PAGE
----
Sportsmen in the Dunes
In Sportsmen on the Dunes Wijnants (c.1625-84) uses the undulation of the terrain to great visual effect. The dominant tree in the centre unites the two distinct elements of the dunes and, accentuated by a stream of sunlight, the lower-level polders (land reclaimed from the sea) beyond. A rider surveys the hilly dunes which rise up alongside the rough, twisting path. His clothes, and the inclusion of a gamekeeper accompanying him on foot, indicate wealth. They may have travelled from the large estate on the left. A figure with a gun is visible on the top of the dunes, shooting a bird with a dog behind him. In peaceful contrast a couple rest with their bundles on the roadside below.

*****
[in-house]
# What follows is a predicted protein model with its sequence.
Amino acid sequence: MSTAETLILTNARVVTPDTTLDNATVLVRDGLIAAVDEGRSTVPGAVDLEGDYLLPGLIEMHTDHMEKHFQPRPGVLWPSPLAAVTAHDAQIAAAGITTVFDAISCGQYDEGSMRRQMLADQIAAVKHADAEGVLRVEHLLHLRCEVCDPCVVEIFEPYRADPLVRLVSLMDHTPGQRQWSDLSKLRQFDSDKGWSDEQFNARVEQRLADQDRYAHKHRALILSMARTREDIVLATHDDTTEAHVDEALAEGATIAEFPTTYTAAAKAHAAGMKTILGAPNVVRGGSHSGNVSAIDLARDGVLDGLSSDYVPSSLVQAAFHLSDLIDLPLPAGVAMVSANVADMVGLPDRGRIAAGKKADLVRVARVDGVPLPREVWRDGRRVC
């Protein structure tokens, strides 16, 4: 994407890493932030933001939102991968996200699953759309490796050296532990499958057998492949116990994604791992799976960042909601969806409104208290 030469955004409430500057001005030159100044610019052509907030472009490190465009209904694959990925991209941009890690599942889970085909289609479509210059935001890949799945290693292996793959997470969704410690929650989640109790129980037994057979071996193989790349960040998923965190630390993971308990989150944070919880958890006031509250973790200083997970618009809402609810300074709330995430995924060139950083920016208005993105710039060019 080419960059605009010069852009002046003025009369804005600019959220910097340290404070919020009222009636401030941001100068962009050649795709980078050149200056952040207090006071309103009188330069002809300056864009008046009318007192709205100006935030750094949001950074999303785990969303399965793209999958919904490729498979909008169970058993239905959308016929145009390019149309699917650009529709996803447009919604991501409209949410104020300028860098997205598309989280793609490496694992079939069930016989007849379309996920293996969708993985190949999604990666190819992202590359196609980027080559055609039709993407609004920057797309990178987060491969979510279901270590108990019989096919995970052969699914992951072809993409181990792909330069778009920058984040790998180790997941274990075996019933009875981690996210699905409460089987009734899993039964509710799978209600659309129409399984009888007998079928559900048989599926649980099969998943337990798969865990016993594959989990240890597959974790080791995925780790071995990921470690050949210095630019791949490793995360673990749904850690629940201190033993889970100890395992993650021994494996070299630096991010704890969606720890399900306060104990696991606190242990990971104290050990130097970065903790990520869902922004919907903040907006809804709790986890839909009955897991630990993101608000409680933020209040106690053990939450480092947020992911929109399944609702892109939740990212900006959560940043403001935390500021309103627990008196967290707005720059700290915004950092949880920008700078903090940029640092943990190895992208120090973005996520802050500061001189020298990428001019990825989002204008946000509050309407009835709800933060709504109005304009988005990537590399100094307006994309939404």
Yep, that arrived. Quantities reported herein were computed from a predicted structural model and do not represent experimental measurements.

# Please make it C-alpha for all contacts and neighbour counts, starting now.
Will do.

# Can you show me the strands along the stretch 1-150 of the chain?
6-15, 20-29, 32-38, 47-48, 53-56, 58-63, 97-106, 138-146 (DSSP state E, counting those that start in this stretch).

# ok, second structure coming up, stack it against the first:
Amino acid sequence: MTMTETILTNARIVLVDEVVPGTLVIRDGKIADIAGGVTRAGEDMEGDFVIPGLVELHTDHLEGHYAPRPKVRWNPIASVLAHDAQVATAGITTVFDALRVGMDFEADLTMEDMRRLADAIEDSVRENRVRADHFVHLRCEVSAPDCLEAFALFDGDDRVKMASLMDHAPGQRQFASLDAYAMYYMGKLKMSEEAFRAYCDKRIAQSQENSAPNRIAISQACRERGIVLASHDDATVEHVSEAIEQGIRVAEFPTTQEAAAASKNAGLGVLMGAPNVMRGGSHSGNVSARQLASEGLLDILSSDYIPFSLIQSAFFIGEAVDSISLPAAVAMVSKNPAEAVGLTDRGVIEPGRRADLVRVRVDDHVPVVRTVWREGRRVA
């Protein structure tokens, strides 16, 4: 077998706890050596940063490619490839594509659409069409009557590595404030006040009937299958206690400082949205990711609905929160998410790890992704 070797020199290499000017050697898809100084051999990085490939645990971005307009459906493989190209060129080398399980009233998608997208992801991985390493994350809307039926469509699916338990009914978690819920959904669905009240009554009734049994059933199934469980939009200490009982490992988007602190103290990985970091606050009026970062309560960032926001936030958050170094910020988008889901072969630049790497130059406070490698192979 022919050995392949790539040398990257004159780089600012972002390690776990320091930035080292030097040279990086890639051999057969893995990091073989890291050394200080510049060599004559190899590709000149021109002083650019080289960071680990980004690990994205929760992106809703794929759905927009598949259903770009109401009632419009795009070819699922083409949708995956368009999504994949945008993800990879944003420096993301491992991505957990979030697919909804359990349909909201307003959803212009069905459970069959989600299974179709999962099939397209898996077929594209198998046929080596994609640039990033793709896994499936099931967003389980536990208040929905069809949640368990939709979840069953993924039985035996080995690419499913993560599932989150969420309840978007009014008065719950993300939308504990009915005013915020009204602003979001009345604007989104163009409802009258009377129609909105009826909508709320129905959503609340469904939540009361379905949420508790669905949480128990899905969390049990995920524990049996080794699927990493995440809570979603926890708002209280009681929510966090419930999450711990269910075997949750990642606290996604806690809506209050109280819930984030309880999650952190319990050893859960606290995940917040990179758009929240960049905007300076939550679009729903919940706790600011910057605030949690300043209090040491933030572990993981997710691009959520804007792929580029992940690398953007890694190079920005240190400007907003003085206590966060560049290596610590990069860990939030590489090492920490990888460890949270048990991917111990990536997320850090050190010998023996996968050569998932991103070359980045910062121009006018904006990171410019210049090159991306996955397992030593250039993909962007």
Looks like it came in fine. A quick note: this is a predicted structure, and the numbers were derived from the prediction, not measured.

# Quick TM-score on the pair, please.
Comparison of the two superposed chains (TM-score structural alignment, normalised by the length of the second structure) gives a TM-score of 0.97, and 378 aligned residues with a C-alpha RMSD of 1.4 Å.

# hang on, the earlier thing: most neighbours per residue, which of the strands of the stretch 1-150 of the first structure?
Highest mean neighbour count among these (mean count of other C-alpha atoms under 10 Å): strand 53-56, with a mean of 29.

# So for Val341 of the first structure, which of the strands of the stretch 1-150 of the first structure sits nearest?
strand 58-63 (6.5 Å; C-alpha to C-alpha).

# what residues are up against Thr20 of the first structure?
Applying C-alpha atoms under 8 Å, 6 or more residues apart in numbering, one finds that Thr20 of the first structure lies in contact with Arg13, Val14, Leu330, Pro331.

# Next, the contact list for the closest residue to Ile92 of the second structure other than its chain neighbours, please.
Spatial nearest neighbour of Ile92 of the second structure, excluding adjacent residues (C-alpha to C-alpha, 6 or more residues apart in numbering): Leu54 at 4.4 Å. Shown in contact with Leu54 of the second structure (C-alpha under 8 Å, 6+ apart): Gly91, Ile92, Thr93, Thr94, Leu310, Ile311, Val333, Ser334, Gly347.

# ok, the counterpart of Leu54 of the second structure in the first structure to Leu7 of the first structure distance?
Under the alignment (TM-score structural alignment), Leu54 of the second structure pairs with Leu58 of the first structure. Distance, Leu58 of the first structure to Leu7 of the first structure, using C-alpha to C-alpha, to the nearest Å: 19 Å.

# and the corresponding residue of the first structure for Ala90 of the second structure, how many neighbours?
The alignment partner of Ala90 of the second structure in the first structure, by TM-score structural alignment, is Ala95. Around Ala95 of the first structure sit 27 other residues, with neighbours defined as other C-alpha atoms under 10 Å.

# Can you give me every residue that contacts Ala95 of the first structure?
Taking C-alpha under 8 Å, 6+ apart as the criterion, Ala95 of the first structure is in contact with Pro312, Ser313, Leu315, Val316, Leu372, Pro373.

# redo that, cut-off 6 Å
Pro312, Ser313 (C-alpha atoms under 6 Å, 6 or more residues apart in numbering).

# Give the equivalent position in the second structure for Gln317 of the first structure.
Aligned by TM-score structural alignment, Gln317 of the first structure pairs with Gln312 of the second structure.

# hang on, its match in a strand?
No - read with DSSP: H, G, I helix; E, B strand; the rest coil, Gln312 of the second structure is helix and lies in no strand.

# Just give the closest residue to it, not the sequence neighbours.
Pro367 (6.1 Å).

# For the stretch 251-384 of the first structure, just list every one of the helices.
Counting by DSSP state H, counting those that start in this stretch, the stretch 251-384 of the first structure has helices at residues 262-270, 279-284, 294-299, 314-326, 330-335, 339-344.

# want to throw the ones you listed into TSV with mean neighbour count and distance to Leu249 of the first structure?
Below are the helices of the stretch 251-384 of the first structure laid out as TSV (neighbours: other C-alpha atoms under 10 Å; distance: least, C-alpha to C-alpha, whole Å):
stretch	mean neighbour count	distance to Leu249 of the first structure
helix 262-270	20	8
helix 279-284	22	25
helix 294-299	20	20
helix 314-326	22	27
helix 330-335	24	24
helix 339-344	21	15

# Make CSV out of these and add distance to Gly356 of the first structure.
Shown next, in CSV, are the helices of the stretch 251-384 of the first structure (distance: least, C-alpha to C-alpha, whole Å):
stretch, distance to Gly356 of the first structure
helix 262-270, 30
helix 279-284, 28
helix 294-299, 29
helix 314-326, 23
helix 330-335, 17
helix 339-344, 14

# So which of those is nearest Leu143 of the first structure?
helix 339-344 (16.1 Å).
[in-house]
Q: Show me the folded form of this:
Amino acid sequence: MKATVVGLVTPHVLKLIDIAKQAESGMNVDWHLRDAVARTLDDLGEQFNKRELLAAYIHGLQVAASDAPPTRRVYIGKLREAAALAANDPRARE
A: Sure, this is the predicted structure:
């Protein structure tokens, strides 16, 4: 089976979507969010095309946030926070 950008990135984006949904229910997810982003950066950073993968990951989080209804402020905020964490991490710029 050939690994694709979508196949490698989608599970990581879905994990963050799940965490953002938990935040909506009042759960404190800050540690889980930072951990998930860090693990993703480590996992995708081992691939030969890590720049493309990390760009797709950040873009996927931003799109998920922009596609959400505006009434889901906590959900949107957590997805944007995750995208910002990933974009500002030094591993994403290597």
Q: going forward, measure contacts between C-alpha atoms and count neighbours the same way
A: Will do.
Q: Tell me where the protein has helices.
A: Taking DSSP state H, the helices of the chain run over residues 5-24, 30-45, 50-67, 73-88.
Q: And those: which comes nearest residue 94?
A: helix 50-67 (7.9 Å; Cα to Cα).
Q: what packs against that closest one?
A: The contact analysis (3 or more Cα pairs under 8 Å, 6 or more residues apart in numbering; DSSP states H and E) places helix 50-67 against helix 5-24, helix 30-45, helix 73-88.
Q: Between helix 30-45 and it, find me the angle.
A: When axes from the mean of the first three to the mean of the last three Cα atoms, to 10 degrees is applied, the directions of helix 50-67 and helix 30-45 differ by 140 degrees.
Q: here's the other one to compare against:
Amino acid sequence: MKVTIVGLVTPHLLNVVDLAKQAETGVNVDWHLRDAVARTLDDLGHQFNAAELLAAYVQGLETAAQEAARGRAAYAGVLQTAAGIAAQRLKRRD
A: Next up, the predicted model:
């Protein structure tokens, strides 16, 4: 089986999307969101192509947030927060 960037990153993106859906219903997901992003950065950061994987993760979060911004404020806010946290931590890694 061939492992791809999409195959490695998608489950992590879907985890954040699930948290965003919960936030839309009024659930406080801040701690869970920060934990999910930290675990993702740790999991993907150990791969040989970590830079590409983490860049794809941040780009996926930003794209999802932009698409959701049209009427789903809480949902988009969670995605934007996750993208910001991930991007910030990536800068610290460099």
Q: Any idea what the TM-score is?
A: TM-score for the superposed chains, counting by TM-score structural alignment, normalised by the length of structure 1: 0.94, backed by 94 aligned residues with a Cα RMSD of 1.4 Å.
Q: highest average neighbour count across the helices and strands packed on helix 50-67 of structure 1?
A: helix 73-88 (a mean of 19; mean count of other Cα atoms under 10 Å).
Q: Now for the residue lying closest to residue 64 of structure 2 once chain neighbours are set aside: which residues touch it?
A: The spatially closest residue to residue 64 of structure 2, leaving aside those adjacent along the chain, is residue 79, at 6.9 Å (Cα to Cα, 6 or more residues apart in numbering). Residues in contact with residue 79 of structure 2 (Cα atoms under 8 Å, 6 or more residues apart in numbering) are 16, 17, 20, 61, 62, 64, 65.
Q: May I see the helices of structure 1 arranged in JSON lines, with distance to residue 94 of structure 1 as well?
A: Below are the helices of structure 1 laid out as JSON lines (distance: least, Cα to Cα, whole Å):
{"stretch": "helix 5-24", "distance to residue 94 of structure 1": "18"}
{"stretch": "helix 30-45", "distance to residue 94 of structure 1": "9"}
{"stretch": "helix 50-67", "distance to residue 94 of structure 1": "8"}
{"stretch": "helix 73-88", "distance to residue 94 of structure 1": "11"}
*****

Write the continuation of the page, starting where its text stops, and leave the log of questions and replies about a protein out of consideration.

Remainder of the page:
Sand dunes frequently appear in Dutch landscapes of this date and, like the windmill, became a symbol of national pride. The viewpoint displayed here, with the dunes blocking the view of the sea beyond, emphasises their protective nature, as well as their potential as a venue for sport. The barren fallen tree in the foreground serves to guide the viewer’s eye up to the top of the dunes while also signifying the potential violence of high winds from the North Sea.
Wijnants is known to have employed different artists to paint the figures in his landscapes. In this instance they could be by Johannes Lingelbach or Adriaen van de Velde.
Signed and dated: 'J Wijnants. 1669.'
Text adapted from Dutch Landscapes, London, 2010